China has done its part on fighting climate change
Updated: 2011-11-28 16:06
BEIJING - The past decade has seen China achieve remarkable results in cutting greenhouse gas emissions and dutifully shouldering its responsibilities in the global fight against climate change.
According to a government white paper released Tuesday, China has accomplished the energy conservation goals listed in its 11th Five-Year Plan covering 2006-2010.
China's energy consumption per unit of the GDP dropped 19.1 percent from that of 2005 accumulatively, equivalent to a reduction of 1.46 billion tons of carbon dioxide emissions.
The numbers testify to China's tremendous efforts in curbing carbon emissions and its unquestionable contributions to the world at large.
The Foreign Ministry says China is the world's fastest country in developing new energy, has the largest size of afforestation, and has achieved the biggest reduction in carbon emissions.
In a bid to promote public awareness and stimulate concrete actions, China said it will "actively respond to climate change" in the 12th Five-Year Plan for 2011-2015. That's by cutting greenhouse gas emissions and afforestation, among other things, marking the first time that climate change has appeared in China's national Five-Year Plan.
The remarkable achievements are backed up by a national understanding of the necessity to balance economic and environmental priorities.
Addressing climate change is viewed by the Chinese government as a commitment to fulfill not only China's international obligations, but also its domestic need for sustainable development.
With its domestic economy expanding at some 10 percent every year, China has nevertheless been facing rising environmental costs.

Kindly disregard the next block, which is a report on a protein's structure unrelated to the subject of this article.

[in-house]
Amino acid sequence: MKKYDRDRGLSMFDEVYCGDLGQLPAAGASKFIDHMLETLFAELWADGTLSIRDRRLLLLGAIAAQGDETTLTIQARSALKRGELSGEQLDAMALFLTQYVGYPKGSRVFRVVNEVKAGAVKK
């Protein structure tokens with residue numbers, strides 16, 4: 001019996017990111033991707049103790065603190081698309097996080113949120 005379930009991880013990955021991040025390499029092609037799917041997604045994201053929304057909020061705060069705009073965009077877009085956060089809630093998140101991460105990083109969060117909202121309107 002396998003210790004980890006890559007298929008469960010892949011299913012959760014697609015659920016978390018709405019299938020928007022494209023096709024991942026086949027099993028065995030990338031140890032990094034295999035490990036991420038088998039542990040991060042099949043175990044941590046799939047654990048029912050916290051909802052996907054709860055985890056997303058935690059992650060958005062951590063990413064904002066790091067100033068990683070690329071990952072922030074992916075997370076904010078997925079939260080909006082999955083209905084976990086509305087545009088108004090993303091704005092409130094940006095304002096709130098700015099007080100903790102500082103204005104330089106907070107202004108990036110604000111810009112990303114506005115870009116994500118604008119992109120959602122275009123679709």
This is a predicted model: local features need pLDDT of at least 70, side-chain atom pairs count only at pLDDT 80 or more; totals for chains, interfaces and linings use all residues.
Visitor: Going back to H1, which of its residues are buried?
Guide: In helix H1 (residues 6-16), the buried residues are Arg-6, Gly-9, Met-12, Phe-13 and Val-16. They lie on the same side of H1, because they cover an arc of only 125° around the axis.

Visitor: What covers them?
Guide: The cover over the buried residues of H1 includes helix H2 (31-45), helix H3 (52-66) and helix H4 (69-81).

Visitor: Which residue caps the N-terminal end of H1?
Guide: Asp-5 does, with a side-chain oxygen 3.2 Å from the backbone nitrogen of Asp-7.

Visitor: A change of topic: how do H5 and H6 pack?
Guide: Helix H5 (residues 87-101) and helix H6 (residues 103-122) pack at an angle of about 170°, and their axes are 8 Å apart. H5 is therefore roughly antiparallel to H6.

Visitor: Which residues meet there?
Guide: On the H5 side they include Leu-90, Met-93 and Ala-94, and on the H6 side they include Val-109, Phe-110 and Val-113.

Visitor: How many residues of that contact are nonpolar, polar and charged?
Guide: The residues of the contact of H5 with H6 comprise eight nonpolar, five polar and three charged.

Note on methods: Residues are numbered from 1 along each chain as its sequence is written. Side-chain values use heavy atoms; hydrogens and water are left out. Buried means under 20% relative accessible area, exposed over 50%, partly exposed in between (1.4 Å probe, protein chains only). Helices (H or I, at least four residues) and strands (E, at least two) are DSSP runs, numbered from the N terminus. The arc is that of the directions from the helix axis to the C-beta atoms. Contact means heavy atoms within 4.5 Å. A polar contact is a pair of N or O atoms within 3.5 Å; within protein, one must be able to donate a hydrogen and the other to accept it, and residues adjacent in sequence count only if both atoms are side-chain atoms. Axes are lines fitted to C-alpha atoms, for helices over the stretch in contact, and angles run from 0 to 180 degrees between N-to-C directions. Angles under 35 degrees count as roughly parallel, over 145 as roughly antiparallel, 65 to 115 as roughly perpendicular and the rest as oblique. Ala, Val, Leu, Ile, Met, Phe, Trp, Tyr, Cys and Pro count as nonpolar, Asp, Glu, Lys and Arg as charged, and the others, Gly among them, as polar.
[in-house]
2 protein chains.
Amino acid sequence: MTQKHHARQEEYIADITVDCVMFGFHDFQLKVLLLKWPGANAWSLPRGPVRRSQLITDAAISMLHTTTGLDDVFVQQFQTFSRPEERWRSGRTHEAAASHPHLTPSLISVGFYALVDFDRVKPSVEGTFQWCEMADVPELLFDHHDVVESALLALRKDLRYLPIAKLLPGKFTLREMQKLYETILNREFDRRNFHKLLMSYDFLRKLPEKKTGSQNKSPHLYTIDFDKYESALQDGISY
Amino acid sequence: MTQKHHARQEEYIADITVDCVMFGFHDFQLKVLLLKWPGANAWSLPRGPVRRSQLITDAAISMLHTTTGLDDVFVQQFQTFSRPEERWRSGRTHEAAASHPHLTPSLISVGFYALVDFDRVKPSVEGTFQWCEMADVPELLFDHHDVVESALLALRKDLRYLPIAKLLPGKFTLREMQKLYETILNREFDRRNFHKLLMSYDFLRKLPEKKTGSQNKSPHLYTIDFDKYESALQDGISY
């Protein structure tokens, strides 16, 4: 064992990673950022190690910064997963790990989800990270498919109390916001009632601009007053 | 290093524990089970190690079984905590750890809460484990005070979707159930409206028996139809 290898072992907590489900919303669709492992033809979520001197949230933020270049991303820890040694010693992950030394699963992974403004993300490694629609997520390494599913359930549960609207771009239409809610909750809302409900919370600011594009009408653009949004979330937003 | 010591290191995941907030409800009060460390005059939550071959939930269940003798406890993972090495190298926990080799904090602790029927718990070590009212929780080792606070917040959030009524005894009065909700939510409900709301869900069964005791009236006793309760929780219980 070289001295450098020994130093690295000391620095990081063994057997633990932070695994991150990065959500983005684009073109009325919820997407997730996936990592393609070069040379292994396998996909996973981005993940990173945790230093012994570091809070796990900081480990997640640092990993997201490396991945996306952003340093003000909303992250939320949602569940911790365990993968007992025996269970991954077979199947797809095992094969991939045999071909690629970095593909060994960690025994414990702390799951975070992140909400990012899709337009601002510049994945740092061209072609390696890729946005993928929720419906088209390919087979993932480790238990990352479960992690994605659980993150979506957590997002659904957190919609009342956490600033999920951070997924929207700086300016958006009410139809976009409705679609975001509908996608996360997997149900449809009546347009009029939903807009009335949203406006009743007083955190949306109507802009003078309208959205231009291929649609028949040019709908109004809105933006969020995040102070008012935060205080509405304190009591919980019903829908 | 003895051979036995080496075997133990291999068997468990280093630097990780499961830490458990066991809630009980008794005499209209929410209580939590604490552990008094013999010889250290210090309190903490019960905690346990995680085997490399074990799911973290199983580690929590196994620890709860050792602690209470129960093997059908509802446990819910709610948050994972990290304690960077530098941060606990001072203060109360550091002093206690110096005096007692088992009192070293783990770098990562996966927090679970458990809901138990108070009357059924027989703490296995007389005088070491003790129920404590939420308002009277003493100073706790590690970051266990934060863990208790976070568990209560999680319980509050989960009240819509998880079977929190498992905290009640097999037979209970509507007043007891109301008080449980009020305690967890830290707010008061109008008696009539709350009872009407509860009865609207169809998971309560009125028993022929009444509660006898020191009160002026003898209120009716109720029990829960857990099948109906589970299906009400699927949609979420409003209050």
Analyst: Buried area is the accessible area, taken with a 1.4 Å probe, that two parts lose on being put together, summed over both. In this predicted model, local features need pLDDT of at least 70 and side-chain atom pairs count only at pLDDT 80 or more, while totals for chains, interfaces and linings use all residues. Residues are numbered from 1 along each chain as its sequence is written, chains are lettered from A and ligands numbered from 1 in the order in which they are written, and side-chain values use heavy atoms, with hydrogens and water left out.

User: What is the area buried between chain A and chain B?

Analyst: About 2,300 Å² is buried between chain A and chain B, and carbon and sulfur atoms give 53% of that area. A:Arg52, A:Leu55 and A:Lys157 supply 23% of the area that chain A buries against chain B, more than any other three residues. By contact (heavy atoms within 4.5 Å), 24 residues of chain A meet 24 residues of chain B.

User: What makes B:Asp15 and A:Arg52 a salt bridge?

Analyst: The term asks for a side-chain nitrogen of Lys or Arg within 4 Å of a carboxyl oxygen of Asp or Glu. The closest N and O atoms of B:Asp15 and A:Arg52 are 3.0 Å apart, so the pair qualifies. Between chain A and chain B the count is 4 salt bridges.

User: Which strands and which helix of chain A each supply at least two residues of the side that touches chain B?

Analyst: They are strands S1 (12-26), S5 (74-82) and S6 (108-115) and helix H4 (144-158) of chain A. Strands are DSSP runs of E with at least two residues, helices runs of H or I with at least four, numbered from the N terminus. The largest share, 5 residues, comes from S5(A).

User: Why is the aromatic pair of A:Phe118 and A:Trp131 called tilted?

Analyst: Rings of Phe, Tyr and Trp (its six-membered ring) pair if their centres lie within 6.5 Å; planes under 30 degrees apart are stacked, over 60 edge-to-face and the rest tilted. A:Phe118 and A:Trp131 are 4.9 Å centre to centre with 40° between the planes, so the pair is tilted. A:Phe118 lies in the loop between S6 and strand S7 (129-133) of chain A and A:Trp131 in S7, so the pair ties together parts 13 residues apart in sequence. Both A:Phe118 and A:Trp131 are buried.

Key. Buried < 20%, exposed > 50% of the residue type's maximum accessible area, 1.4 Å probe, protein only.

Environmental degradation, increased carbon emissions, accelerated consumption of natural resources and aggravated water shortages in some areas all take a toll on people's daily lives.
Under such circumstances, the Chinese government earlier this year lowered its GDP growth target for the next five years to 7 percent, establishing a common understanding nationwide that a healthy economy is much more important than numerical miracles.
On carbon emission cuts, China in 2006 established a goal of reducing its per-unit GDP energy consumption in 2010 by 20 percent from that of 2005; in 2007, China became the first developing country to formulate and implement a national program to address climate change; two years later, China said it would work to reduce per-unit GDP greenhouse gas emissions by 40 percent to 45 percent by 2020 compared with 2005 levels.
While an effort is being made, the country's current stage of development offers little room to solve environmental problems all at once.
Currently the second largest economy in the world, China's GDP per capita stood at a small 4,382 U.S. dollars in 2010, ranking 91st in the world, according to the International Monetary Fund.
The systematic measures necessary for reducing carbon emissions for China are more complicated than just to close down more power plants.
China must, through close coordination between central and regional governments, strengthen its legal system and strategic planning, accelerate economic restructuring, optimize energy diversification and develop clean energy, all of which take time and money.
China's fast urbanization and industrialization process urges the government to respond to problems directly related to people's living standards. Those problems include unemployment, a lack of infrastructure, poor education and medical services, all of which require large and cheap supplies of energy.
While carbon emissions cuts are inevitably a step-by-step process for China, the country, with a 1.4 billion population, offers huge opportunity to foreign companies in the environmental sector.
The advanced technologies pioneered by some developed nations to produce clean and renewable energies could significantly lower their production costs and achieve more popularity in the global market by focusing on the Chinese market.
Viewing cooperation as a win-win situation, China is keenly interested in advancing ties with other countries on technology transfers and other developments to tackle climate change together.
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